Besides, I expect fewer problems with proprietary software (nvidia drivers, flash) on 32bits Linux.

Your mileage may vary.

Re:32b? (2, Interesting)

pavon (30274) | about 5 years ago | (#29191401)

Yeah, I hate it. I write software to process large scientific datasets. Corporate IT still will not support 64-bit XP or Vista, so all the scientists/engineers are running 32-bit. It is usually easier to try enabling 3GB user space or PAE and hope their drivers are complaint than it is to get them to upgrade their OS.

Re:32b? (0)

Anonymous Coward | about 5 years ago | (#29191429)

Agreed. What in the world is this doing on /.? Most competent computer manufacturers will not even sell a machine with over 4GB unless it is loaded with a 64-bit OS. Why stay with 32 bit? What is so great about staying with 32 bit? IMHO us geeks need to quit trying to go backwards with technology and just make the tiny jump to 64-bit. DEATH TO 32-BIT BASED OS'S! Muahahahaha!

Market segmentation (4, Insightful)

Just Some Guy (3352) | about 5 years ago | (#29191119)

And in other news, it costs precisely the same to press a copy of Vista Home Crippled versus Vista L337 OMG, and yet Microsoft charges differently based on which bits are enabled on the particular copy that HP installed on your laptop. This called "market segmentation". If you think a proprietary software company's going to give the cheap version all the same features as the expensive one, just because it wouldn't directly cost them more to do so, then you are hopelessly naive.

Fair price??? (3, Insightful)

DoofusOfDeath (636671) | about 5 years ago | (#29191135)

"If you want [to be able to use more than 4GB in Vista] without contrivance, then pester Microsoft for an upgrade of the license data or at least for a credible, detailed reasoning of its policy for licensing your use of your computer's memory. ...

I dunno... maybe because they think that price maximizes their profitability?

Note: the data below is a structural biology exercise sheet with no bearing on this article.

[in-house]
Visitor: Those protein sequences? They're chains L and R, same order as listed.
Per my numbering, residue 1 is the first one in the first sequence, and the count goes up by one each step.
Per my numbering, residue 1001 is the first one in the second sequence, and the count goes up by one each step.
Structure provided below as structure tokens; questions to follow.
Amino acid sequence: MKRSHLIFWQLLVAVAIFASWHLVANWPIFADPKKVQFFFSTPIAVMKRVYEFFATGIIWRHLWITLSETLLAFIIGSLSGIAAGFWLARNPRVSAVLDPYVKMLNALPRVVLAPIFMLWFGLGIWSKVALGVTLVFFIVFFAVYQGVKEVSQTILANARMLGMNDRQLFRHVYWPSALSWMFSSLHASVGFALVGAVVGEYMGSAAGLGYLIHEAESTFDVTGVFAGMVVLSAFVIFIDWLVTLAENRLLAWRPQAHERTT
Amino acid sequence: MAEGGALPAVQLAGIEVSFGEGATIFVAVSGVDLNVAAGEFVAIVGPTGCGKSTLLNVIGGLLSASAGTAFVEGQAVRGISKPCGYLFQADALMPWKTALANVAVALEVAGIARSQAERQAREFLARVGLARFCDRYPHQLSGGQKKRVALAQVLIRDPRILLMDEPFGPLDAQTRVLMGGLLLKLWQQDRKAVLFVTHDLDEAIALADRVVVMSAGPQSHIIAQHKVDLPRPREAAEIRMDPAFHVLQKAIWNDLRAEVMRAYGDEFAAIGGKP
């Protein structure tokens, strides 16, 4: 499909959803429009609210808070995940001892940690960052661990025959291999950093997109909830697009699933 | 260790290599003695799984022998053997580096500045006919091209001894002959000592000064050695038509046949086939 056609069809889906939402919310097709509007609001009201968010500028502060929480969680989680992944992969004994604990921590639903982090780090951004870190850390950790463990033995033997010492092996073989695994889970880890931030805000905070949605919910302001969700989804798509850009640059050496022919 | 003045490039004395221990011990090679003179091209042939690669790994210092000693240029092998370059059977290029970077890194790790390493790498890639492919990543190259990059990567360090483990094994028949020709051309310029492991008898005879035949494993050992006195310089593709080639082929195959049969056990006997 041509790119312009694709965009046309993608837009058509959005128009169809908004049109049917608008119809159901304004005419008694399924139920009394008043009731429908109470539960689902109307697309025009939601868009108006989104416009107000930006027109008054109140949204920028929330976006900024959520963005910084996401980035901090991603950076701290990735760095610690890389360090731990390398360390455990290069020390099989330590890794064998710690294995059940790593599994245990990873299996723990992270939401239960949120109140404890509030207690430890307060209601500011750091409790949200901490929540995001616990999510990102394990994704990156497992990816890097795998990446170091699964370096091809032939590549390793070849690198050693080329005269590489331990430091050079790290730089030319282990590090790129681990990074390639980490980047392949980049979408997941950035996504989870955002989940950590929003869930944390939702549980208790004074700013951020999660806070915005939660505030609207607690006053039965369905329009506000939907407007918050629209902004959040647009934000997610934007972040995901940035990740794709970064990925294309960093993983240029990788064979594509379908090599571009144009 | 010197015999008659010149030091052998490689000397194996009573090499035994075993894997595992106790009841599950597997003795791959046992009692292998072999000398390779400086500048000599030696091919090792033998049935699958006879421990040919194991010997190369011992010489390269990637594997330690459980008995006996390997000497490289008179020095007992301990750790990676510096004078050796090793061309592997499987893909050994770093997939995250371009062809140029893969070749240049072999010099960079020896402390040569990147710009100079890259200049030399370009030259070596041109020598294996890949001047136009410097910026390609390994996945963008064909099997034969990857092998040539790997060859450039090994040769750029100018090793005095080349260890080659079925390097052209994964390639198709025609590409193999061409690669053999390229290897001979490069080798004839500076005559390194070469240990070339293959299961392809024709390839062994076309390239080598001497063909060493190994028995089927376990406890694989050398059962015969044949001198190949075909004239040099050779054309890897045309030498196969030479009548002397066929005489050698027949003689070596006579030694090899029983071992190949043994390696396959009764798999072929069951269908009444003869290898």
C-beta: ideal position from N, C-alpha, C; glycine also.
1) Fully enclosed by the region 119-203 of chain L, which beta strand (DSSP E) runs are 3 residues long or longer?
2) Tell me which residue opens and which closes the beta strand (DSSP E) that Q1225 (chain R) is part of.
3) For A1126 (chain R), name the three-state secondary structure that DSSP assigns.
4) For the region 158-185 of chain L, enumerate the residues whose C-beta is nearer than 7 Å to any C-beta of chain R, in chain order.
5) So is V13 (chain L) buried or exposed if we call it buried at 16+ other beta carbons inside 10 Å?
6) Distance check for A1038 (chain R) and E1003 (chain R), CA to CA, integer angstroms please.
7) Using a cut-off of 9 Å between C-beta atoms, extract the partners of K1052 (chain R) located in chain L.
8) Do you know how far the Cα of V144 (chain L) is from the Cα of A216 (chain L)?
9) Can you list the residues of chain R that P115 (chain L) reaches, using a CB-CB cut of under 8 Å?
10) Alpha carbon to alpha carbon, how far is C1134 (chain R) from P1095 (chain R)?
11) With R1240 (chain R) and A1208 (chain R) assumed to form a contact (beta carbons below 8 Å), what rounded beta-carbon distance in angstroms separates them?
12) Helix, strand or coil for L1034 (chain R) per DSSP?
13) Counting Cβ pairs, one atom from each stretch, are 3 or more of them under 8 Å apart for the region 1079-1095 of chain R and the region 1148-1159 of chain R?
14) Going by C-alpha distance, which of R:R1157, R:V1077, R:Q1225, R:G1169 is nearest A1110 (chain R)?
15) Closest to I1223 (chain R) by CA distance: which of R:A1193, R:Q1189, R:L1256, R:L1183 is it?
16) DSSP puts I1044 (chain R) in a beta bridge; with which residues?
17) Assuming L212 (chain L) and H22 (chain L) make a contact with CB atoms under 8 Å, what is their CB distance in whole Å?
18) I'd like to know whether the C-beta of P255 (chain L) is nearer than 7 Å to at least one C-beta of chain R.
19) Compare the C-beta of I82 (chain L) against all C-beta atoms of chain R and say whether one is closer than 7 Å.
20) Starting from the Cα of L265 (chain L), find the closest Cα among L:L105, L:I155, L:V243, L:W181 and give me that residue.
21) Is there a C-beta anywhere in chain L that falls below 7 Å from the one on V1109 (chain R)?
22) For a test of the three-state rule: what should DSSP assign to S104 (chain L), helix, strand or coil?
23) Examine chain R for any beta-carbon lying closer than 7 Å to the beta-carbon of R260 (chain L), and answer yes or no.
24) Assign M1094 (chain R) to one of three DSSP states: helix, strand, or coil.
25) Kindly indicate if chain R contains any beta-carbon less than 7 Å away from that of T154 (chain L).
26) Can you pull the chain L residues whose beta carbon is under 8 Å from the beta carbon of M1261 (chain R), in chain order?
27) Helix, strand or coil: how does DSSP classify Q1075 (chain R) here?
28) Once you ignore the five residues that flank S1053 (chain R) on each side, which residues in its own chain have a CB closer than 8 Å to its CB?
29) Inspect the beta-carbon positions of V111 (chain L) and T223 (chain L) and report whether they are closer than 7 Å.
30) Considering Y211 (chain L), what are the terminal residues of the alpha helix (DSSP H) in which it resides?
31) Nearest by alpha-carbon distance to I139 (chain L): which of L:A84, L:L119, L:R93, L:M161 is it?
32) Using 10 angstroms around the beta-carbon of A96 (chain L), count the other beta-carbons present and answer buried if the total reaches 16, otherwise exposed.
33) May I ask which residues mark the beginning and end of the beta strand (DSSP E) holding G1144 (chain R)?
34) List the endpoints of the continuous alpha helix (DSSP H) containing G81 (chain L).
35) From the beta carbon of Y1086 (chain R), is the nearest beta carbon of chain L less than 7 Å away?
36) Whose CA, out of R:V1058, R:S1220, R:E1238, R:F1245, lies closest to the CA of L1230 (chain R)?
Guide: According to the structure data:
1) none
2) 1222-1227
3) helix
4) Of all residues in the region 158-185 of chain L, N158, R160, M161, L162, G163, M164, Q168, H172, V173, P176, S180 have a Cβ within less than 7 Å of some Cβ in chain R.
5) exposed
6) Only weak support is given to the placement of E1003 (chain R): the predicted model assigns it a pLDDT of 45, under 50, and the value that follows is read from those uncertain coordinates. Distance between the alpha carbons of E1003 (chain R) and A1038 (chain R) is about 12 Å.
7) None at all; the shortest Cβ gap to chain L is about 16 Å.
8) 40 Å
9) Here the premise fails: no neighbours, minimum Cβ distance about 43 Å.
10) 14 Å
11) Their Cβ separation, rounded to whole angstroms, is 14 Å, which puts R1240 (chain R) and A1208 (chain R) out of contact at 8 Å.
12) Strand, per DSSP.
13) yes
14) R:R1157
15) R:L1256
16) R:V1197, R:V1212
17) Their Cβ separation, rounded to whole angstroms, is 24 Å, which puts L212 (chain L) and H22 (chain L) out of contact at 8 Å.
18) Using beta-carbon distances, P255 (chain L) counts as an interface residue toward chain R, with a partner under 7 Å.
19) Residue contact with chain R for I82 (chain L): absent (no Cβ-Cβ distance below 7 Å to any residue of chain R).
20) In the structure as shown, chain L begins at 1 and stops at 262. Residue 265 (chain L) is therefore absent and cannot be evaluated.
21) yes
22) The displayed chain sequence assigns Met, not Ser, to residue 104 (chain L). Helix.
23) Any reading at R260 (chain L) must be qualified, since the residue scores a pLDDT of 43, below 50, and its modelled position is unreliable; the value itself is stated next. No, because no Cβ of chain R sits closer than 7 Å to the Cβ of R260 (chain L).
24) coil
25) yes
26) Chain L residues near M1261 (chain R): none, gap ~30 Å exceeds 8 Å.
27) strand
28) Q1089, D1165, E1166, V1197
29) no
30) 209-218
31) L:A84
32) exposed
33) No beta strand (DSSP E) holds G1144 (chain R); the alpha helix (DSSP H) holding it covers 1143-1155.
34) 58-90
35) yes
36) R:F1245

Or do you feel that they're morally obligated to only make a certain profit margin off of their price?

Re:Fair price??? (0)

Anonymous Coward | about 5 years ago | (#29191431)

yes.

server hardware vs desktop hardware (2, Interesting)

BlackSnake112 (912158) | about 5 years ago | (#29191137)

Many server motherboards have more then 4 RAM slots. Many DDR3 desktop motherboards have 6 RAM slots. But it is not uncommon for server motherboards to have 12 or more RAM slots. Can one get 64 GB of RAM with 6 RAM slots? Sure, we can even do it with 4 RAM slots if you can get 16 GB RAM modules. Most people do not do that. And most regular people have no need for 32GB or 64GB of RAM in their desktop. Vista jokes aside, 64GB of RAM should really be in the for servers not desktops. That can be the thinking behind the 4GB of RAM limit for 32 bit desktop operating systems. Most people who use them will not have a need for more then that.

Also when the 4GB of RAM limit was set, RAM was really expensive. RAM prices have dropped a lot over the years. While having 4GB of RAM today can be commonplace, that was not the case 10 years ago.

Re:server hardware vs desktop hardware (1)

Monkeedude1212 (1560403) | about 5 years ago | (#29191413)

I think we can agree that the average Desktop user does not need 32GB of RAM.

However, could we agree that a good chunk could use 10GB? Specifically anyone who either A) Plays games B) Uses image or audio editting software or C) Likes to have more than 5 applications running at once.

I'd say thats a reasonable piece of the market that is being neglected. Its not that the 4GB RAM limit was unreasonable when it was set, but times are a changing and so should the limit.

Re:server hardware vs desktop hardware (1, Insightful)

Fujisawa Sensei (207127) | about 5 years ago | (#29191463)

Many server motherboards have more then 4 RAM slots. Many DDR3 desktop motherboards have 6 RAM slots. But it is not uncommon for server motherboards to have 12 or more RAM slots. Can one get 64 GB of RAM with 6 RAM slots? Sure, we can even do it with 4 RAM slots if you can get 16 GB RAM modules. Most people do not do that. And most regular people have no need for 32GB or 64GB of RAM in their desktop. Vista jokes aside, 64GB of RAM should really be in the for servers not desktops. That can be the thinking behind the 4GB of RAM limit for 32 bit desktop operating systems. Most people who use them will not have a need for more then that.